In March 2002, the Mitigation Working Group undertook the challenge to develop the first set of consensus international space debris mitigation guidelines, which have been updated more recently in 2021. This document has since served as a baseline for non-binding policy documents, national legislation, and as a starting point for the derivation of technical standards.
The Guidelines cover the overall environmental impact of the missions with a focus on the following:
- Limitation of debris released during normal operations
- Minimisation of the potential for in-orbit break-ups
- Post-mission disposal
- Prevention of on-orbit collisions.
These guidelines continue to serve as a framework for space agencies and satellite operators to minimize the creation of space debris during all stages of the spacecraft lifecycle. The IADC's mitigation guidelines have become widely adopted by the international space community, contributing significantly to the reduction of space debris.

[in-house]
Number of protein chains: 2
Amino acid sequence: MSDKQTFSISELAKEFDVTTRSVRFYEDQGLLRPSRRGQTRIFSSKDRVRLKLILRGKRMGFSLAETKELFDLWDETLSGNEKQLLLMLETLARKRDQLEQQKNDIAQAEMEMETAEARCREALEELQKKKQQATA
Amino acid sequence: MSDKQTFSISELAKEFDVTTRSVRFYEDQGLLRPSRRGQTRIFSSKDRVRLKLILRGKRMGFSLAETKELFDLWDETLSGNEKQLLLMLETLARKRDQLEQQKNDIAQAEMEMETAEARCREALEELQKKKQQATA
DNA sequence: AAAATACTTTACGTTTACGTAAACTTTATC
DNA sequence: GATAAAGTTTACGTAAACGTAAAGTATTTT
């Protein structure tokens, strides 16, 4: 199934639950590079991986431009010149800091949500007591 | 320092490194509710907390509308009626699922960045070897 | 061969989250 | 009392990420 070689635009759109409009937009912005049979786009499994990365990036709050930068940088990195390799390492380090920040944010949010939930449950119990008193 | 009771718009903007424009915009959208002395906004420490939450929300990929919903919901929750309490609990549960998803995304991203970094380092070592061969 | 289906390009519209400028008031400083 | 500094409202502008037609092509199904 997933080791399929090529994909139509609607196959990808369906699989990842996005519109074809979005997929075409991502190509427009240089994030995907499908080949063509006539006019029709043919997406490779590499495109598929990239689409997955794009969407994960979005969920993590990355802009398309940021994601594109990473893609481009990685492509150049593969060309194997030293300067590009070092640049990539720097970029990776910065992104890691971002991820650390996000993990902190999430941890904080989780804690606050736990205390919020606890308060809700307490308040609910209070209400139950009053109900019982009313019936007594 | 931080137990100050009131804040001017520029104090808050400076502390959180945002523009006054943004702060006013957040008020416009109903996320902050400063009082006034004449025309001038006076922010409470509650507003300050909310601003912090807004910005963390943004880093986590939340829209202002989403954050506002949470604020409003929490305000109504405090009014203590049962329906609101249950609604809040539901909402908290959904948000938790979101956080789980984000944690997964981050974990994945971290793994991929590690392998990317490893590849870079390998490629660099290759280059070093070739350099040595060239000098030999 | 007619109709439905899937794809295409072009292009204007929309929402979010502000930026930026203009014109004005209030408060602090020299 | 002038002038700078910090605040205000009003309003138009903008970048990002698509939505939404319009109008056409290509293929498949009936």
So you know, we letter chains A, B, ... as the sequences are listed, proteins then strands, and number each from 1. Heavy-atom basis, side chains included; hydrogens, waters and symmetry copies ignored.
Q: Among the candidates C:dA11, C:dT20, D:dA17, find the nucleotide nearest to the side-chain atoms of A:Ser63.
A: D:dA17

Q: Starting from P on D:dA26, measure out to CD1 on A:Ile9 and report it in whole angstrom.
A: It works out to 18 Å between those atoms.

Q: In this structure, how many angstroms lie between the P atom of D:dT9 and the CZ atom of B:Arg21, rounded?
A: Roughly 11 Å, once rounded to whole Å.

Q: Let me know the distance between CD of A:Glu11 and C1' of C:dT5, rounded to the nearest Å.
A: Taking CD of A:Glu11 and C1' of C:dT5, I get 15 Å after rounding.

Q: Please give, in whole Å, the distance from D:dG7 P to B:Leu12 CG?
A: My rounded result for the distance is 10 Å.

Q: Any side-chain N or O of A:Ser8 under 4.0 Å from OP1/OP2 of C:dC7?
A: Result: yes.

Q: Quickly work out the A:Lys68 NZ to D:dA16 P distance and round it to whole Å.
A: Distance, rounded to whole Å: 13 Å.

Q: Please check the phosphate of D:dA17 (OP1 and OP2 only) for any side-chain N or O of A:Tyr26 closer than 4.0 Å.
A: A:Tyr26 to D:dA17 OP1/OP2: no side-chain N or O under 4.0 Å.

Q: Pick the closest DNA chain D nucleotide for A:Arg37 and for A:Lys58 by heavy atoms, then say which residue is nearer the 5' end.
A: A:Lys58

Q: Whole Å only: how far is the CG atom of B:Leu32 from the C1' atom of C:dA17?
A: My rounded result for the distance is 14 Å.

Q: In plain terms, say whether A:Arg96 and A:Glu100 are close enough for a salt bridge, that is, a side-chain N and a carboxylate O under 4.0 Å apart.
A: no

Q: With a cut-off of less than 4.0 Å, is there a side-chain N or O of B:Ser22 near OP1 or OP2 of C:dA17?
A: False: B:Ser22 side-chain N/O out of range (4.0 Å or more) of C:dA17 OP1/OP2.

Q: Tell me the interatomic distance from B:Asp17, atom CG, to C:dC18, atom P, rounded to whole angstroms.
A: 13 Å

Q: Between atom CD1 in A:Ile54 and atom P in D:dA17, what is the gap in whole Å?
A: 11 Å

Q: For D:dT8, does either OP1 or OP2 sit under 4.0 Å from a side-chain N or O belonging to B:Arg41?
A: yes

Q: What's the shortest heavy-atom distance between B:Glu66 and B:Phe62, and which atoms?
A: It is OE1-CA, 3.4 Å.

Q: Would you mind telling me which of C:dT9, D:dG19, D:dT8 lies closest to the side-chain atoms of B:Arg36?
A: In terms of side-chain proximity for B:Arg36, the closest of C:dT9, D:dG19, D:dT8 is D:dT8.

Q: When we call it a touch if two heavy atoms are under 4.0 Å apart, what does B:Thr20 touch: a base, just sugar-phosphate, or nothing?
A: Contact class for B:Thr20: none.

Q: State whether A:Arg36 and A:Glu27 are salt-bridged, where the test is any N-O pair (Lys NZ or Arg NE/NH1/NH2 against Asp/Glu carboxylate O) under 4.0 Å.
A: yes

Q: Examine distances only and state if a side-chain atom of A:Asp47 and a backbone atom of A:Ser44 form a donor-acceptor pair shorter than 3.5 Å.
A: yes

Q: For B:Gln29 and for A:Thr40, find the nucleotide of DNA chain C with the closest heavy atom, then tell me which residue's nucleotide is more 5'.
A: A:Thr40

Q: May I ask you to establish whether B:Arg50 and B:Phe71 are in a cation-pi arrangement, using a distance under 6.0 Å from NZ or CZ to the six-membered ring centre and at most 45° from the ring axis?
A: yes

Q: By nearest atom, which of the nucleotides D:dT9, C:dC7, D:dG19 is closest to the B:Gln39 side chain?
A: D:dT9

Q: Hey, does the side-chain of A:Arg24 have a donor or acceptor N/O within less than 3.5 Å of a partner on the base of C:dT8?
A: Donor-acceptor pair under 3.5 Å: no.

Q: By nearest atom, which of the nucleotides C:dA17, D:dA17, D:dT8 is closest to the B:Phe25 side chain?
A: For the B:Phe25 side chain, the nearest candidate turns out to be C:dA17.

Statement on Active Debris Removal
The IADC recognised the need for more proactive measures to tackle the growing space debris problem. When the IADC released a groundbreaking statement on active debris removal (ADR) it had - and continues to have - great impact. The statement highlights the importance of actively removing defunct satellites, spent rocket stages and other debris from orbit to mitigate collision risks. The IADC advocates for the development and deployment of technologies and techniques for active debris removal, fostering collaboration among member agencies to pursue these efforts.
To accomplish these goals, the IADC encourages three concrete actions, for:
- Operators to follow existing orbital debris mitigation guidelines with a post mission disposal reliability as high as practicable but no less than 90%.
- Further research and cost-risk-benefit analysis on active debris removal and to identify and demonstrate concepts and enabling technologies which can satisfy technical, economic and safety considerations with the goal of stabilizing the debris population.
- Newly launched spacecraft and upper stages to be ADR ready in case of PMD failure.
Collision avoidance is becoming more important (credit: ESA Space Debris Office)
Space Debris Environment report